review archive

Joy Zipper / Lucky Jim - 100 Club 13 May 2004

I’ve heard good things about Lucky Jim so I have a look at their web site. It includes a great photo of them crouching up a tree, barely visible, plus some tunes that are okay in a pleasant country-tinged rock kind of way. Doesn’t really rock my socks though. Maybe they’re better live. Let’s see…hmm, Charlie of off ‘Corrie’ seems to be their singer. Interesting. There’s a lot of manly guitar strumming of solid but not sparking songs. This could all get a bit Ocean Colour Scene if we’re not careful (only inna country stylee, not ‘mod’ or whatever OCS were meant to be). Umm…sorry not really getting this…then ‘Charlie’ sings (I swear) ‘I’m riding with my lady…’ Aieeee! Wha?? Christ On A Bike. I go and ensconce myself in front of the merchie stall, spending a happy ten minutes choosing from Joy Zipper’s mind-boggling selection of tee-shirt colours.

And so to Joy Zipper. I’ve been looking forward to this gig SO MUCH, ‘The Stereo & God’ and ‘American Whip’ have been comforting cotton wool worlds for my ears to nestle in on the bus to work for the last few months. (Incidentally, how come Americans ‘ride the bus’ where as we ‘catch the bus’? Maybe you can only truly ‘catch the bus’ if it involves hurling yourself onto the back of a speeding Routemaster whilst the conductor yells, ‘Run faster! Very good running!’ like what happens here.).
You're th one,one,one,one,one,one,one Joy Zipper clamber aboard the 100 Club’s long skinny stage to the groggy strains of ‘Sunstroke’. There’s no sign of Vinnie. Tabitha calls him over the mic…the intro music starts up again…and again…and he eventually emerges seemingly quite ‘refreshed’, although maybe it’s just goofy Yank charm or something.Vinnie looks like someone drew a diagram of the epitome of indie bloke shaggy gloriousness: here’s the mop designed to invite ‘get a haircut!’ shouts from beerboys, here we’ll sketch in the requisite cheekbones onto the pasty face, add a dusty velvet jacket, cord jeans and scuffed black trainers, voila!
Tabitha looks like a doll, tiny, with shades clamped on top of long blonde hair, and a red t-shirt dress with a picture of a panda worn over jeans. They’re the perfect yin and yang/light and dark couple. Or at least that’s the illusion they’re creating. When Vinnie mutters that he’s having the best night of his life, Tabitha assures us that, ’He doesn’t say that lightly.’ Vinnie makes us applaud the splendid Tabithaness of Tabitha whilst she blushes.
We get a sundazzled set mixing first and second album songs starting with the Spacewoman drone of ‘Out Of The Sun’. Everything’s unhurried, adding to the sensation of blissed out sunkissedness. Basking in the glow of the delectably languorous ‘Christmas Song’ I feel like a blob of ice-cream melting in the sun, ‘I love you more than a thousand Christmases…’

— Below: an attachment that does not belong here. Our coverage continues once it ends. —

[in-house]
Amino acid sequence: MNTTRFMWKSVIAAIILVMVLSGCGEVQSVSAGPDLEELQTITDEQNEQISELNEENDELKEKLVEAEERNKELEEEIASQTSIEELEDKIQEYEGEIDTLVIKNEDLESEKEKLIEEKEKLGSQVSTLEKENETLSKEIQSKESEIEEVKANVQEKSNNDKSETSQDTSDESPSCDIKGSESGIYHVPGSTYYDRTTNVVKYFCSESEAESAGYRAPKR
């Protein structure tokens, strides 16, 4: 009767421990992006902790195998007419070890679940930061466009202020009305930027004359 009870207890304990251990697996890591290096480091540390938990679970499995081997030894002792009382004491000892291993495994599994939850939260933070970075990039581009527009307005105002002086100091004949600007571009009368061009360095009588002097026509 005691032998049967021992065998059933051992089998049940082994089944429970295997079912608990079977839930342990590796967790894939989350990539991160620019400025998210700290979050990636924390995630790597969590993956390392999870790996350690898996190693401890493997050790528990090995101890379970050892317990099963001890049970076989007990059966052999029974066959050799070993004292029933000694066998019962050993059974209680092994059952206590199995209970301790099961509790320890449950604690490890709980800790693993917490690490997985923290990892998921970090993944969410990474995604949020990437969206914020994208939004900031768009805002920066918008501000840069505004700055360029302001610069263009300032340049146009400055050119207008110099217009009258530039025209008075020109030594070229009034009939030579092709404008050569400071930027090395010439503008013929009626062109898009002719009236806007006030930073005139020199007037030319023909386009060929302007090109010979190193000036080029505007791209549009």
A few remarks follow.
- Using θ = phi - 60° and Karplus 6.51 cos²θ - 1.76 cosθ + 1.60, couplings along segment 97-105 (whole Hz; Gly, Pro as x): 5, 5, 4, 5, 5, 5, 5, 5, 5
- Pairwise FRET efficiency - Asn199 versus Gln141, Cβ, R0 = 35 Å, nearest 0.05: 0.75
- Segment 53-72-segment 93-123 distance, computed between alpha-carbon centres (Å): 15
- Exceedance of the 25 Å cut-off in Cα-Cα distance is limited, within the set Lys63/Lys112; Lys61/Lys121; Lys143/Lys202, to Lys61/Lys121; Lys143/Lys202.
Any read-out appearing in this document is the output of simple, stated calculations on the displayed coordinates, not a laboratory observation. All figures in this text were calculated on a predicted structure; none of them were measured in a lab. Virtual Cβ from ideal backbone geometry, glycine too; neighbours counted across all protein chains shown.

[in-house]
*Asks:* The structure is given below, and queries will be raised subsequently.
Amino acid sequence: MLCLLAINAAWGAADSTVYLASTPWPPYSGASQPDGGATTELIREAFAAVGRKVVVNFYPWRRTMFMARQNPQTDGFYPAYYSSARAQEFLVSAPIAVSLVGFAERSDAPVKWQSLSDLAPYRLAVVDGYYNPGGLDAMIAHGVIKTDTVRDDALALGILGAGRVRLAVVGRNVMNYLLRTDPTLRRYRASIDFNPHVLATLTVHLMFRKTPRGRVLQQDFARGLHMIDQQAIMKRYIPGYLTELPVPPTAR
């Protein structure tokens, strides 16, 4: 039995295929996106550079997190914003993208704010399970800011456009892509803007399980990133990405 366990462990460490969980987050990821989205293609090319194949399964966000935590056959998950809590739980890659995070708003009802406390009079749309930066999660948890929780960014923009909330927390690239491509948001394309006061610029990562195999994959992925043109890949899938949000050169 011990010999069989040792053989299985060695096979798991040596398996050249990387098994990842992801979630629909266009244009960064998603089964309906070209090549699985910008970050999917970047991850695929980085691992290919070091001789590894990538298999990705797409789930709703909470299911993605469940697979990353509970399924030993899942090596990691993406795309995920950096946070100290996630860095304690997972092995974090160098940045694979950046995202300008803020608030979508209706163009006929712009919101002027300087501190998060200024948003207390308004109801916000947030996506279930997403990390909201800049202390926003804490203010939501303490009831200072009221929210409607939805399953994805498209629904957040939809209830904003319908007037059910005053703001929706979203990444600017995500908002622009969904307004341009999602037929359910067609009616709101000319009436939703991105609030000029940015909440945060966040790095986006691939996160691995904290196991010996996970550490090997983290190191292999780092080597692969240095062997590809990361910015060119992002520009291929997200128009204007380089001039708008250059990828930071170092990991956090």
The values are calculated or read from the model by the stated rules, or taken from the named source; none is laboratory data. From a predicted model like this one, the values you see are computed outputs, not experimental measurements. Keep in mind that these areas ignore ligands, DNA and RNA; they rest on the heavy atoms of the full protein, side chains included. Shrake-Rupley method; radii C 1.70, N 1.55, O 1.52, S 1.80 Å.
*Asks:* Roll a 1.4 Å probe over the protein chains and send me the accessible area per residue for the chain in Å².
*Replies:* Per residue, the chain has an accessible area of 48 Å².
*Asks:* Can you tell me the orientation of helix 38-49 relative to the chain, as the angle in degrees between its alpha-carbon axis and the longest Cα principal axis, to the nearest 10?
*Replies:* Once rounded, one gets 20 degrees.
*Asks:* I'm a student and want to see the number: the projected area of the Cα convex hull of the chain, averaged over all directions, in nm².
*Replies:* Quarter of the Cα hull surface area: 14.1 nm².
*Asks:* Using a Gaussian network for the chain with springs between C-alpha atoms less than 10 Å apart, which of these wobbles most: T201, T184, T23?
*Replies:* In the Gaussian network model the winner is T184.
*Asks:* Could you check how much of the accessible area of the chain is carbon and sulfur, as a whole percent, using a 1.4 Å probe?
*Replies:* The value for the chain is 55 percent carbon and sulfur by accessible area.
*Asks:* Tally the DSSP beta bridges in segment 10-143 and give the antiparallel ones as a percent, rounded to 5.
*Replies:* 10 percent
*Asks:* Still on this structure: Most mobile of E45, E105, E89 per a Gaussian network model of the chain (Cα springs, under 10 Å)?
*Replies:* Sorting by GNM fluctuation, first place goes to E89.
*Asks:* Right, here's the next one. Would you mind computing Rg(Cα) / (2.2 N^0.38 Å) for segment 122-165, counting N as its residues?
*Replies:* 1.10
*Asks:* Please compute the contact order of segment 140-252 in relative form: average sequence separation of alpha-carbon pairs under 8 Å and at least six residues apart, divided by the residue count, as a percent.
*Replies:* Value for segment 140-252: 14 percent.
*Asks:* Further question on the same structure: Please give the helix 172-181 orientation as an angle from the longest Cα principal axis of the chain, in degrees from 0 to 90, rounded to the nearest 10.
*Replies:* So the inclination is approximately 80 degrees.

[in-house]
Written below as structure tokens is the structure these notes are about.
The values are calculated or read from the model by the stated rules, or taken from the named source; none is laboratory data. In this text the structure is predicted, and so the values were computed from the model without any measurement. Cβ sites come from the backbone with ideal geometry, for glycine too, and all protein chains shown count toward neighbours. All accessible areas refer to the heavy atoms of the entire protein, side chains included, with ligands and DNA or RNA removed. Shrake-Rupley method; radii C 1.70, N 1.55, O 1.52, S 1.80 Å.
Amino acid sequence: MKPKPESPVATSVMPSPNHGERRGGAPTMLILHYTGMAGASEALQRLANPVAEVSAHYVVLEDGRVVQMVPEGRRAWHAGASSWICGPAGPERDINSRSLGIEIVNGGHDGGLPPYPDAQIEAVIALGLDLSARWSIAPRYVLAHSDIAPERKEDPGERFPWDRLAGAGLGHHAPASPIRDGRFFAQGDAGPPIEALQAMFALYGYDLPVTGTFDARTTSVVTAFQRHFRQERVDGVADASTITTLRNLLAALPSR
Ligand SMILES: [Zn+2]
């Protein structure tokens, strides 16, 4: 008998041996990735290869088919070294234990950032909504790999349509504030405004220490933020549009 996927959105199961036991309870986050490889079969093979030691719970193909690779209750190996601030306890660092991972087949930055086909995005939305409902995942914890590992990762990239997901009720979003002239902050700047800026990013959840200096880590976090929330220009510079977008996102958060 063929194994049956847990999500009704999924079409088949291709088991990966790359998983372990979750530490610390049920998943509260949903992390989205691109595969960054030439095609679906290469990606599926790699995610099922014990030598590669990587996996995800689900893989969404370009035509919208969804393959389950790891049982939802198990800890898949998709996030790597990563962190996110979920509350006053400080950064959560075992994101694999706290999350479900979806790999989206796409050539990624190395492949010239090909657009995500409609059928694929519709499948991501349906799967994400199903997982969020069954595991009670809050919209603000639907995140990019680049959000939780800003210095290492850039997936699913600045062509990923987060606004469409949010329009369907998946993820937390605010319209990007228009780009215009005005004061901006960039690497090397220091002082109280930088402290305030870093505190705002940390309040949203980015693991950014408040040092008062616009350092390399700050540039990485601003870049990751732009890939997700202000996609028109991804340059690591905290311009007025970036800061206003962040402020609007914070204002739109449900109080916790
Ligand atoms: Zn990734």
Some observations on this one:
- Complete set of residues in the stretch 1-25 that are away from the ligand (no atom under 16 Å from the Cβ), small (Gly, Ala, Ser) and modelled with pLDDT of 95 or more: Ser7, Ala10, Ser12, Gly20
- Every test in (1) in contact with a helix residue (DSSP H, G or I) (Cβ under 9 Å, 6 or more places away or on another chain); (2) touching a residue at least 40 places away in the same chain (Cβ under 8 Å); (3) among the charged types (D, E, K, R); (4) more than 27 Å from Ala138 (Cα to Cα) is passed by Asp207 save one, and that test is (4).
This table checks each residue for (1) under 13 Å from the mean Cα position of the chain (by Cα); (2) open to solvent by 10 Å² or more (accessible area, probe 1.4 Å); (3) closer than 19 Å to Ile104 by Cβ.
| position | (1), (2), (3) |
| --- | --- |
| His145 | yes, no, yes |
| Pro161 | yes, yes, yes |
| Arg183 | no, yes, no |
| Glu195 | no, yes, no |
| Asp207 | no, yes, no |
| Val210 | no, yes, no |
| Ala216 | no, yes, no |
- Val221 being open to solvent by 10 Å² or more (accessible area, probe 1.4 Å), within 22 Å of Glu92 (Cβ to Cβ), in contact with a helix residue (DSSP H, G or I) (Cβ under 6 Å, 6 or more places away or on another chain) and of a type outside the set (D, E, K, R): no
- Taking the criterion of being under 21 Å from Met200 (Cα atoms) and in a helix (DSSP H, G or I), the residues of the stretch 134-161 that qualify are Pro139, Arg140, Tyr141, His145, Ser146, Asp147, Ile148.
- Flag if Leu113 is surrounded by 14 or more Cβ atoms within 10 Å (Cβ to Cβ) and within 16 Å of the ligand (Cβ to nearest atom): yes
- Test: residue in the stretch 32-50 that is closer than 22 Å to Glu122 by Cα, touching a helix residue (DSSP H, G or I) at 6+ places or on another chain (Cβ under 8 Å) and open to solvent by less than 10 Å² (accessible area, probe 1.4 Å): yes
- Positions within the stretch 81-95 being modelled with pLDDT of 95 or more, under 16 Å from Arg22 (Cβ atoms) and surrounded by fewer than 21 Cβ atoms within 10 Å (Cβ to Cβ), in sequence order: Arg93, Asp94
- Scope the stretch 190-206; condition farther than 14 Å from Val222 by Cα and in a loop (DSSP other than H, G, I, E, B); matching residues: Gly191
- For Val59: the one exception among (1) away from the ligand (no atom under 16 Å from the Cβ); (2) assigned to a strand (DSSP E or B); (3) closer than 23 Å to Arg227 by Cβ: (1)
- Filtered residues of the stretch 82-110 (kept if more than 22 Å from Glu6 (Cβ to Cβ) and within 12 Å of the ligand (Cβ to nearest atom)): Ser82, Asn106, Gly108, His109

On record Joy Zipper summon up the benign spirit of all the My Bloody Valentine records on my shelf, but live the similarities fall away, only ‘Baby You Should Know’ comes shimmeringly close. Where MBV gorgeously bludgeoned, Joy Zipper caress. Theirs is a cool and lovely woozepop that on ‘33x’ asks you to waltz barefoot on the lawn.
Panda Pop
Dazepop Android

So the songs are things of drowsy splendour. The band (Vinnie and Tabitha augmented by drummer and bassplayer) judging by the skinny white wires snaking out of their ears are perfectly formed dazepop androids. What’s the catch? It’s not often you’ll catch me saying this, but this sticky floored underground venue isn’t working. The music needs a larger space to stretch out in, room to blast and swirl and fill up every inch of your consciousness. It needs to leave you shaken not just stirred.

Time runs out on the band, after they’ve frittered precious minutes discussing whether they still have enough time to play ‘One’ and ‘Baby You Should Know’ (they make the time anyway) they hit their curfew without getting to do the planned encore of ‘Two Dreams I Had.’

The fans demand satisfaction and eventually, after much arsing about which drives the man from the 100 Club to snap, ‘Tell them to bloody get on with it then or I will pull the plug’, Vinnie reappears to knock out a lulling acoustic version of ‘Valley Stream’. Tabitha joins him pointing the mic into the crowd to initiate a looong singalong coda of ‘You’re the sun / I’m the moon.’ We tiptoe away up the stairs leaving them to their addled mantra. They might still be down there singing.
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